Since 2007 I’ve run at least four design studios wholly or partially set in Agincourt, i.e., the sandbox of history. They’ve been at the third-, fourth-, and fifth-year levels. I can tell you that they have been a very mixed bag. The first of them, in 2007—simply because we had no idea what we were doing—was, in my mind, an unqualified success. Subsequent studios, not so much. I’ve fretted a great deal about these discrepancies and drawn some tentative conclusions—which I ought to keep to myself.
The first studio in 2007 had practically no guidelines; any building type in any appropriate time period was fair game, so long as the design is consistent with the style, building technology, and socio-economic conditions of that decade, and the building had to tell a story. Did we always meet those criteria? Frankly, I wasn’t keeping score, because the level of student enthusiasm exceeded my expectations and that counted for a lot. Project types ranged from a barn to a business college but a few still stand out in my fading memory: a carousel pavilion by David Rock; a ’50s burger-pizza joint by Mitch Dressler; a “Prairie School” transit depot that made me weep and whose designer I cannot recall. There was a barn—too simple, you say?—that not only narrated the barn as a type, but also its evolution through time, and, most important, it also told the story of the Underground Railroad during the Civil War.
Subsequent studios stumbled, I think, not so much from the work itself, nor the stories it told. The problem is largely mine, because I have not fought sufficiently for the presence of actual design principles in our curriculum. We simply don’t talk often enough about abstractions like composition, proportion, balance. They were a part of my education but have passed into the scrap heap of history, as indeed I shall soon enough. Consider the lengthy title of John Beverley Robinson’s 1899 treatise Principles of Architectural Composition and its extension, an attempt to order and phrase ideas which have hitherto been only felt by the instinctive taste of designers.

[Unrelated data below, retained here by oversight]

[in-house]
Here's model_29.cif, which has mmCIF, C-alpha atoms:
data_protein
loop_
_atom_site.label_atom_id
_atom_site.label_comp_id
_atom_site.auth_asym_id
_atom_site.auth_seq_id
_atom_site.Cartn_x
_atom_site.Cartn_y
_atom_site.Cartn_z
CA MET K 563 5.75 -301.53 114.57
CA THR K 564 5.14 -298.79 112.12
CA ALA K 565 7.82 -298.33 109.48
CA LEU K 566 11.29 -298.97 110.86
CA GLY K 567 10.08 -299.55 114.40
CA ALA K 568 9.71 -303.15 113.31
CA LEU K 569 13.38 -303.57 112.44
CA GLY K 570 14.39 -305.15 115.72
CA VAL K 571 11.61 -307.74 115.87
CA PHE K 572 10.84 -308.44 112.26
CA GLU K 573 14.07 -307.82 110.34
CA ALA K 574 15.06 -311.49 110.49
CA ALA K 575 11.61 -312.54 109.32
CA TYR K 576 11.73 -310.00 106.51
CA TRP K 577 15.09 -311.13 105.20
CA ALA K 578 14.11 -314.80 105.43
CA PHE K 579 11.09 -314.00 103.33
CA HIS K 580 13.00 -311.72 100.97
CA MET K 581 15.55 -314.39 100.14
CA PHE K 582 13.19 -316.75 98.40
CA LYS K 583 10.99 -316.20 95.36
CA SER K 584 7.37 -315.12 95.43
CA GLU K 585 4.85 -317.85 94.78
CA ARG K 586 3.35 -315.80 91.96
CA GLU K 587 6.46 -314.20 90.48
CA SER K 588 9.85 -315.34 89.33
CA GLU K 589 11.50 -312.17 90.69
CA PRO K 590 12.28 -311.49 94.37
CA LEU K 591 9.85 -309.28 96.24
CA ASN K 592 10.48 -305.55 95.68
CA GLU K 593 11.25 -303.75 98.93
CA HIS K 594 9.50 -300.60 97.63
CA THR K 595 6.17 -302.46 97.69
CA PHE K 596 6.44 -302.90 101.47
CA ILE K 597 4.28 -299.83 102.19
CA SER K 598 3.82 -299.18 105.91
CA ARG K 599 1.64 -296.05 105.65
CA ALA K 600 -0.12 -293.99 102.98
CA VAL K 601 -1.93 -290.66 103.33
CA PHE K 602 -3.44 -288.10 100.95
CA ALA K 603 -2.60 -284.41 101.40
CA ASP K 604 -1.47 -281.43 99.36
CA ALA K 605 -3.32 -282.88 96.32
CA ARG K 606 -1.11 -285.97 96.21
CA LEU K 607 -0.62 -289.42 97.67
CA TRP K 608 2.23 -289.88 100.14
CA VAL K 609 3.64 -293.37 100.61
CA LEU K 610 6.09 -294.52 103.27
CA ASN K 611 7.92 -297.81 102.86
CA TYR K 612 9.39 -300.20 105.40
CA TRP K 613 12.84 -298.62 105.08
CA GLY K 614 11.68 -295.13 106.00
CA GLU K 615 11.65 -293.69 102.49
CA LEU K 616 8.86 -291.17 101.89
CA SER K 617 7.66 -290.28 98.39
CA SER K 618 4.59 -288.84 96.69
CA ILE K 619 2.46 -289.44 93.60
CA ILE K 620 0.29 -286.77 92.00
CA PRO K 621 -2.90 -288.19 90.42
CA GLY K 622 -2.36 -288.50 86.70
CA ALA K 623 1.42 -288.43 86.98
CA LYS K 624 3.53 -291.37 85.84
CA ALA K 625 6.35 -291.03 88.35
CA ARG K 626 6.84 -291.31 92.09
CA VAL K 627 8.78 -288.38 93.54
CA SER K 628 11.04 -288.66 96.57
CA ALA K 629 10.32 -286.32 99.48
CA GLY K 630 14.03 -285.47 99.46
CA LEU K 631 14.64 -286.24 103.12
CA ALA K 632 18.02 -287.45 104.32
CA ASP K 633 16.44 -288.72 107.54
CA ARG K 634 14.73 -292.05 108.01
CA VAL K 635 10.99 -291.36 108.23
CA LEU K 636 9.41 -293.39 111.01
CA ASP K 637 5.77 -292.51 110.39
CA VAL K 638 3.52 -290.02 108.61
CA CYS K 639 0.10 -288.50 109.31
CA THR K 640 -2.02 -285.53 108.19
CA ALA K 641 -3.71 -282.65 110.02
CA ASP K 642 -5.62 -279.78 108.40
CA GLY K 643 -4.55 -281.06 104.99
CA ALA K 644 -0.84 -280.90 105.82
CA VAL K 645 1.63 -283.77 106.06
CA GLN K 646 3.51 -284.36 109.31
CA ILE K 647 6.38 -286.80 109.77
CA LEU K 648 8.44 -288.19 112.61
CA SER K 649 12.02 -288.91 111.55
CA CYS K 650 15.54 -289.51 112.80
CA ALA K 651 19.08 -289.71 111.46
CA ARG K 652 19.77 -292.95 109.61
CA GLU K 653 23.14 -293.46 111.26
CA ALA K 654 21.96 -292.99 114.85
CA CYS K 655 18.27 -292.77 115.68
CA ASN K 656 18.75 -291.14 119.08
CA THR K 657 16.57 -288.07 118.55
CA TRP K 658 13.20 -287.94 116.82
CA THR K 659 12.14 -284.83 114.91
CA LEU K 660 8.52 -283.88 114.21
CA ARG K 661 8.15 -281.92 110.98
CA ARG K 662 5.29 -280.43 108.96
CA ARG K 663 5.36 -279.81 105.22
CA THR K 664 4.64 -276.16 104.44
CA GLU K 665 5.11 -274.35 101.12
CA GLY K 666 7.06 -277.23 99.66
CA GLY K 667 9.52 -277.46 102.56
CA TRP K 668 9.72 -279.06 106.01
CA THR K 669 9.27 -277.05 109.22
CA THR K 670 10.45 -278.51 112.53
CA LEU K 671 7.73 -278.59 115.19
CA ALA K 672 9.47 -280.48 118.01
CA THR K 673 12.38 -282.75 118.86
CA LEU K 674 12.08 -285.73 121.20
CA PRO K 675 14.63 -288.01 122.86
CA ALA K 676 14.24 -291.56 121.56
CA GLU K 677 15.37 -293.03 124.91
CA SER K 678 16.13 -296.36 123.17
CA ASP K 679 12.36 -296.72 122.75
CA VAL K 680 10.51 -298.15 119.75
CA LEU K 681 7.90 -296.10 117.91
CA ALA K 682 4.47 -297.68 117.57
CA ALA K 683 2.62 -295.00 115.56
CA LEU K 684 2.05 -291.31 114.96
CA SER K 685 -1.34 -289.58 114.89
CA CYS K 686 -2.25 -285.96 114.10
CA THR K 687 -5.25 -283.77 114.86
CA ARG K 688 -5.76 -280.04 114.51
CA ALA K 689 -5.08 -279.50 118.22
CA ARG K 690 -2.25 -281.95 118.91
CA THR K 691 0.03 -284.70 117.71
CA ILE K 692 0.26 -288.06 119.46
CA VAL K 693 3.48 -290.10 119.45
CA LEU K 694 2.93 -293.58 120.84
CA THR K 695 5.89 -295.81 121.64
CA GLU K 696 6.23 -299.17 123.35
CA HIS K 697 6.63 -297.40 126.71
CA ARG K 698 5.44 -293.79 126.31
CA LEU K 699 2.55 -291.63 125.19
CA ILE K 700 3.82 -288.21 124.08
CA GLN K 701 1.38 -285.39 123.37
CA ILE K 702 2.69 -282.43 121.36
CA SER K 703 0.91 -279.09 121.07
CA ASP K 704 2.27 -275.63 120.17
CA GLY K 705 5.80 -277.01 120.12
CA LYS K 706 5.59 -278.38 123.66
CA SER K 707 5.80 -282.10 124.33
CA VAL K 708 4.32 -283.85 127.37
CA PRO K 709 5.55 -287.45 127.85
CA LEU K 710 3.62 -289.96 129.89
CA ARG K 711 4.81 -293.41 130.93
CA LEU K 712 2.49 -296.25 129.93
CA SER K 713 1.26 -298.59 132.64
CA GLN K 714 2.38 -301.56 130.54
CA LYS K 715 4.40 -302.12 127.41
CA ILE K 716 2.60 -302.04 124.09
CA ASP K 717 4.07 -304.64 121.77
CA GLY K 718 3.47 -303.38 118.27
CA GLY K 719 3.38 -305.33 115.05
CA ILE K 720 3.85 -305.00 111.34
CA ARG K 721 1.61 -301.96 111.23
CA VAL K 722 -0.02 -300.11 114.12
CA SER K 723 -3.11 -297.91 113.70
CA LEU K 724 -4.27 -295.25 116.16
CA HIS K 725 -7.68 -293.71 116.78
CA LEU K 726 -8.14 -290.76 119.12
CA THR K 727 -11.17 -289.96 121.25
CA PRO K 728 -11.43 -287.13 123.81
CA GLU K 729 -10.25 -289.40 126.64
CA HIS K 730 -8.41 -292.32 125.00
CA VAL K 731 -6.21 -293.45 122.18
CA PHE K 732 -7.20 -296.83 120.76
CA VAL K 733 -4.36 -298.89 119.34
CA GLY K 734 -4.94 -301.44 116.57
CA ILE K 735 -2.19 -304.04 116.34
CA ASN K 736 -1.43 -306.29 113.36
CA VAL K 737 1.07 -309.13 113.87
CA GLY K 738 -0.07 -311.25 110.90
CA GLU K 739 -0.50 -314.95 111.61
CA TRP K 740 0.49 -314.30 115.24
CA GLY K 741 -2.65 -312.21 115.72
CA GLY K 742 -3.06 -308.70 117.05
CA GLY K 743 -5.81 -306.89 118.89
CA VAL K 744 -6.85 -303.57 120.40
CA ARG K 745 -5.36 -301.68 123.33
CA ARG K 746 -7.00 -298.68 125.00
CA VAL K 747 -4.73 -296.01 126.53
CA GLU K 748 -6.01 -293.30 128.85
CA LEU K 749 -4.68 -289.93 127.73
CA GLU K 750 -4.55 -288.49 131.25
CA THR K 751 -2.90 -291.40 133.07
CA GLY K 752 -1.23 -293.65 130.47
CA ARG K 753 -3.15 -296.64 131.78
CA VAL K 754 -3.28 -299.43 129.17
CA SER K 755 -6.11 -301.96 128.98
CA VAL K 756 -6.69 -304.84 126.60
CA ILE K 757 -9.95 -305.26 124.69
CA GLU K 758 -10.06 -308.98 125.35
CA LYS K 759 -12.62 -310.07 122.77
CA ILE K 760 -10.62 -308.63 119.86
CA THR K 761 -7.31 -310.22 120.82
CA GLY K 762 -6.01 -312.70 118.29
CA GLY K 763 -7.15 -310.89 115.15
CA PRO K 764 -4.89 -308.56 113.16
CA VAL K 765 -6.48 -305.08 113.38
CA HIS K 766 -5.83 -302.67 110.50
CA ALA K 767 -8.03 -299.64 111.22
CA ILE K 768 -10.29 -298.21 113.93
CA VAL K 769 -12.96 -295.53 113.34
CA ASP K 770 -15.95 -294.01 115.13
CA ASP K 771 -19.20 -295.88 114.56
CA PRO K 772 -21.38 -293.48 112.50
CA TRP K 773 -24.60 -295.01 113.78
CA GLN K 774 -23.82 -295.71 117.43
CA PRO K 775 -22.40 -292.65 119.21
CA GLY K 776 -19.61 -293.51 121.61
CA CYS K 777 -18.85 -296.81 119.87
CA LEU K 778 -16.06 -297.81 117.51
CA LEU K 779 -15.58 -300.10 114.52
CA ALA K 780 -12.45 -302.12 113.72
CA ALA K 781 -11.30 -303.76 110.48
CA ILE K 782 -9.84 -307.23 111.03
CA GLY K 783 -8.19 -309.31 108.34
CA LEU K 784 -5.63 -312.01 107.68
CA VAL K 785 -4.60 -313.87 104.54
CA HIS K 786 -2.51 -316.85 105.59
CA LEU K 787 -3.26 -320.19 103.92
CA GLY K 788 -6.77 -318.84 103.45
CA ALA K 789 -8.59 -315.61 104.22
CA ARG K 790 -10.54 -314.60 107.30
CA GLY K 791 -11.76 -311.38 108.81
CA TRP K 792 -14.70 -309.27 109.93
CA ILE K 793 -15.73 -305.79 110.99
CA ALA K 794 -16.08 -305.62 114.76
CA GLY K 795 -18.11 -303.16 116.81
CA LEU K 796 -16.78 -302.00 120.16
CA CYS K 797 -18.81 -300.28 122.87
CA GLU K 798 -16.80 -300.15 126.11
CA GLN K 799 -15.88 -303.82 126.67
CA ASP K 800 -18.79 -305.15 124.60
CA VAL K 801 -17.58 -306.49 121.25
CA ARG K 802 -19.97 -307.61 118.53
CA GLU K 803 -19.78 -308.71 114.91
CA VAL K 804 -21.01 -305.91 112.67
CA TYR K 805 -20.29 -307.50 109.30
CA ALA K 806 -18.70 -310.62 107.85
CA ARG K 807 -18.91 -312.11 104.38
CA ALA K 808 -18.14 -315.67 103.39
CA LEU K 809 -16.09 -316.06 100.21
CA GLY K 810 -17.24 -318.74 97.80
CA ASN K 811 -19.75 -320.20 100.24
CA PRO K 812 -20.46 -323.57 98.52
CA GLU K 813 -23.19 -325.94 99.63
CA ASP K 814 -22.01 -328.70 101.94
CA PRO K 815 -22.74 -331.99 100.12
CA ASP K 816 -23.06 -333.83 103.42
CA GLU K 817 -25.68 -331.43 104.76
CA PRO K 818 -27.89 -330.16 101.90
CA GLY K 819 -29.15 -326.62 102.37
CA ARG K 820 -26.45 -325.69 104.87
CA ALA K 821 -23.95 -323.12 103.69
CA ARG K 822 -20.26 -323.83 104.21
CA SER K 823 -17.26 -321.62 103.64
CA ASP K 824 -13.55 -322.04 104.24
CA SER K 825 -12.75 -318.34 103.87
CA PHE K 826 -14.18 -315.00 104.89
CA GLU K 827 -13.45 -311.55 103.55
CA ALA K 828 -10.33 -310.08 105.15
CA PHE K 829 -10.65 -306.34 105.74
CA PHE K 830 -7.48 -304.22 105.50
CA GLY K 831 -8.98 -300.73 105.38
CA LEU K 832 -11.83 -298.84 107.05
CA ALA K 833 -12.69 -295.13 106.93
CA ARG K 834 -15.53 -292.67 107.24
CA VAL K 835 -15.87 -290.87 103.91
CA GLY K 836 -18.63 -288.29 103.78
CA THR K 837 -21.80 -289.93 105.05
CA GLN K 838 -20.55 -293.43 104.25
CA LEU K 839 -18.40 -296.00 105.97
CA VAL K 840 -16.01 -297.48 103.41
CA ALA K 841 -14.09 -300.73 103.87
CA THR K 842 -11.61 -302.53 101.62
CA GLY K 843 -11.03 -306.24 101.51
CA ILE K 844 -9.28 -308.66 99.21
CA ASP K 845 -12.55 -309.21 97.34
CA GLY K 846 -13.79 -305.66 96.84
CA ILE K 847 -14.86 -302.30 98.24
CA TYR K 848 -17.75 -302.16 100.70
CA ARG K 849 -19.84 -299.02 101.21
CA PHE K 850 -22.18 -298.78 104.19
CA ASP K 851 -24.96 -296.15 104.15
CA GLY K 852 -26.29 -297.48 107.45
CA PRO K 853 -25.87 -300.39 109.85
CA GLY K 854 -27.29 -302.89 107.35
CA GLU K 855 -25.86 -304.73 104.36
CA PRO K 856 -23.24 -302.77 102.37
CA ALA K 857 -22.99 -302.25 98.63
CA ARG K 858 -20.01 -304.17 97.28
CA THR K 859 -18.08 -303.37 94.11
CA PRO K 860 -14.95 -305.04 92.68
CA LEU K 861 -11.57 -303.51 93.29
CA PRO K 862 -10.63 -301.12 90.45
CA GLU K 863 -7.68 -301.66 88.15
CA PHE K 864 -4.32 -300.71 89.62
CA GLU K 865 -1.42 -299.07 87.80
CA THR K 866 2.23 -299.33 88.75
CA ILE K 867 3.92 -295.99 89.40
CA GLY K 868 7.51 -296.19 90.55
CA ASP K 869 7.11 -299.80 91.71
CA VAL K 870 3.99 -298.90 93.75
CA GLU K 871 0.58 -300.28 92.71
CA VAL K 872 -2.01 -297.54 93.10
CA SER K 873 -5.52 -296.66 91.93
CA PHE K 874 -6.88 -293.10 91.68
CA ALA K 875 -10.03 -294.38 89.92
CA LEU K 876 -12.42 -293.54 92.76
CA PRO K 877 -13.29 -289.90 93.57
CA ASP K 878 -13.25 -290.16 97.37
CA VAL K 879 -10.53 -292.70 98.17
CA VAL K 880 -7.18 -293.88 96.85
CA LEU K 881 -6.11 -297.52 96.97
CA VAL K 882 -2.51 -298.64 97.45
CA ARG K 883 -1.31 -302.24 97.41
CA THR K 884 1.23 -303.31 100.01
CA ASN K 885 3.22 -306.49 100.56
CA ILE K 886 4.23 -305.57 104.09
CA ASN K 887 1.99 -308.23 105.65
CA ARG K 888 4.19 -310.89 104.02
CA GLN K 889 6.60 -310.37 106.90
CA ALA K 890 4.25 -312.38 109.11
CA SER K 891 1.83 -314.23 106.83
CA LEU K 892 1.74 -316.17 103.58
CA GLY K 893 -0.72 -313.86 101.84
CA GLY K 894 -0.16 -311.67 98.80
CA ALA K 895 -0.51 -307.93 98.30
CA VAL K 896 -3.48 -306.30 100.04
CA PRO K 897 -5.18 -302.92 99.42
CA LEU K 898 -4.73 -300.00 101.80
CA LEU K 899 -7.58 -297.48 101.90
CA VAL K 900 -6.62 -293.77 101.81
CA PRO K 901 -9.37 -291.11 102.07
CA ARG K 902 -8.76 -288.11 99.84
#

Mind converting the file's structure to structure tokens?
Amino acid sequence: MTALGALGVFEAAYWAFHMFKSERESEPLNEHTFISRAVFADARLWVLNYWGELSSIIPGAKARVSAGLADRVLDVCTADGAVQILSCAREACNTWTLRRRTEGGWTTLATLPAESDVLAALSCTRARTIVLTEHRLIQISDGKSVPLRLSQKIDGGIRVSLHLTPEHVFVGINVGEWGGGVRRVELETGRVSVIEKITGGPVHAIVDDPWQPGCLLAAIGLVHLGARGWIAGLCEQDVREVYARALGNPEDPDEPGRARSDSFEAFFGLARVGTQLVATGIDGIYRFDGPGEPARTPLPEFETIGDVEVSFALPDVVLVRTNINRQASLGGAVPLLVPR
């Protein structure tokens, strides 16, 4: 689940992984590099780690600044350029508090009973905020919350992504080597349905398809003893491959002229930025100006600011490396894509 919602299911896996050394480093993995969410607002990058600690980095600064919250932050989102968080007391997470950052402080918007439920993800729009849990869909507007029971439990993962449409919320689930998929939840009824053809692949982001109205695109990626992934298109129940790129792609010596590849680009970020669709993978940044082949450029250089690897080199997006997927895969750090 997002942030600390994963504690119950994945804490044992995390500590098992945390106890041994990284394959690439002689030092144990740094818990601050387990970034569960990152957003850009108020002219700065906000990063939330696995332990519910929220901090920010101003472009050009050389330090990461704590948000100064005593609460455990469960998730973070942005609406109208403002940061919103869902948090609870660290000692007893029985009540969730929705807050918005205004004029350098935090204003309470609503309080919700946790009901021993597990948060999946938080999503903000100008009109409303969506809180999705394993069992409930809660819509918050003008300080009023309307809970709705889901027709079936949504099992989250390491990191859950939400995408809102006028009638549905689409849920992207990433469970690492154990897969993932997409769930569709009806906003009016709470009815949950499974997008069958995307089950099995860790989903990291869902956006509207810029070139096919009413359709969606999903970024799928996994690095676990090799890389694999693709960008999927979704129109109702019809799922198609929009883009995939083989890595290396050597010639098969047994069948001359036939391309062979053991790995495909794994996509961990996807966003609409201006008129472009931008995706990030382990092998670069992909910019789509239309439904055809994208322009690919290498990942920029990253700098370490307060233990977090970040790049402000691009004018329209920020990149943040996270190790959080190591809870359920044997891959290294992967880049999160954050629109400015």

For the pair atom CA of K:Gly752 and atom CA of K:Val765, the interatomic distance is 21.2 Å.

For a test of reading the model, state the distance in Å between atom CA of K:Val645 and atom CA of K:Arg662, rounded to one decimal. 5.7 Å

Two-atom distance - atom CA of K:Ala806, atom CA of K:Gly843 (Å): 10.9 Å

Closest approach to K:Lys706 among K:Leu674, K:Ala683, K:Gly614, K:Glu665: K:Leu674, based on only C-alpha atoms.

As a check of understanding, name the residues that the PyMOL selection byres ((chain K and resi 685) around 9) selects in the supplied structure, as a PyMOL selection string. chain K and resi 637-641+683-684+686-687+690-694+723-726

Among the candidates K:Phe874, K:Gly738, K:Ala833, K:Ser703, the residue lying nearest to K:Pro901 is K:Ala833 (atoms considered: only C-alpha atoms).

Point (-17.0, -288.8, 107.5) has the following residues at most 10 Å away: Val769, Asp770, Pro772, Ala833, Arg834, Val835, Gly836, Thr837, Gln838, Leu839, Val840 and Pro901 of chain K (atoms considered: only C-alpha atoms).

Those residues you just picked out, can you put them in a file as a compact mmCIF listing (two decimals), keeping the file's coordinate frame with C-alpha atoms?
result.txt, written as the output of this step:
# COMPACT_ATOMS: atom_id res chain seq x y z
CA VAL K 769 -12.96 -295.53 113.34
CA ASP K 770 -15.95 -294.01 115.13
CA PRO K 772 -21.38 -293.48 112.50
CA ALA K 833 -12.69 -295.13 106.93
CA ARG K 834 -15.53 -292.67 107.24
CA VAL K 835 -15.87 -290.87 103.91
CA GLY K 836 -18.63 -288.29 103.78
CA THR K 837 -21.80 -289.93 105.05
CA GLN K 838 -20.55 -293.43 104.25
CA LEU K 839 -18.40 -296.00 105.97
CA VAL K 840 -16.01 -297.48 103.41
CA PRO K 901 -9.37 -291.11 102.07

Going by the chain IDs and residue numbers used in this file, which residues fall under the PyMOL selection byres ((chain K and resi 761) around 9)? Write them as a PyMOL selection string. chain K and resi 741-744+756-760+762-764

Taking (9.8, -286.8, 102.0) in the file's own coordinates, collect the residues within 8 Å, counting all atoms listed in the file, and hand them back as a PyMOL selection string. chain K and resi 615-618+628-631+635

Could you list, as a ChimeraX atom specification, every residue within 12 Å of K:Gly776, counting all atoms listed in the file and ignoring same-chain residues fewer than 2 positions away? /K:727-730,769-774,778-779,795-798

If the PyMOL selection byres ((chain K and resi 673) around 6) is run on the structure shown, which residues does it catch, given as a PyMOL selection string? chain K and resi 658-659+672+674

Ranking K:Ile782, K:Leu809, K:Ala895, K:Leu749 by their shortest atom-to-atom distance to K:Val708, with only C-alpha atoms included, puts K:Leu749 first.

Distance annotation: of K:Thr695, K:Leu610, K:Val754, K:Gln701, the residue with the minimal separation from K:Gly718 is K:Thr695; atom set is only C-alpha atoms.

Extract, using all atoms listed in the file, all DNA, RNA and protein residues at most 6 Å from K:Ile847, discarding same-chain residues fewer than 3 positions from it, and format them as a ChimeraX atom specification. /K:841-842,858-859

There was a comparable series of articles in The Architectural Record in its earliest issues [photocopies exist somewhere in my mismanaged files], perhaps by Russell Sturgis, I forget. The issue seems to be that students have a difficult time coping with 19th and early 20th century styles that depend more heavily on abstractions such as these.
Then there is the even more basic topic of space planning, particularly of the single-family house—not a major building type for architects today or in the likely future careers of current students, but one which is, in my mind, a litmus test for planning and anthropometrics in larger, more complex building types.
Realizing the antiquity that I have myself become, and understanding that under the best scenario I have at most three more years as a teacher, I should file these ideas under “Q” for quaint.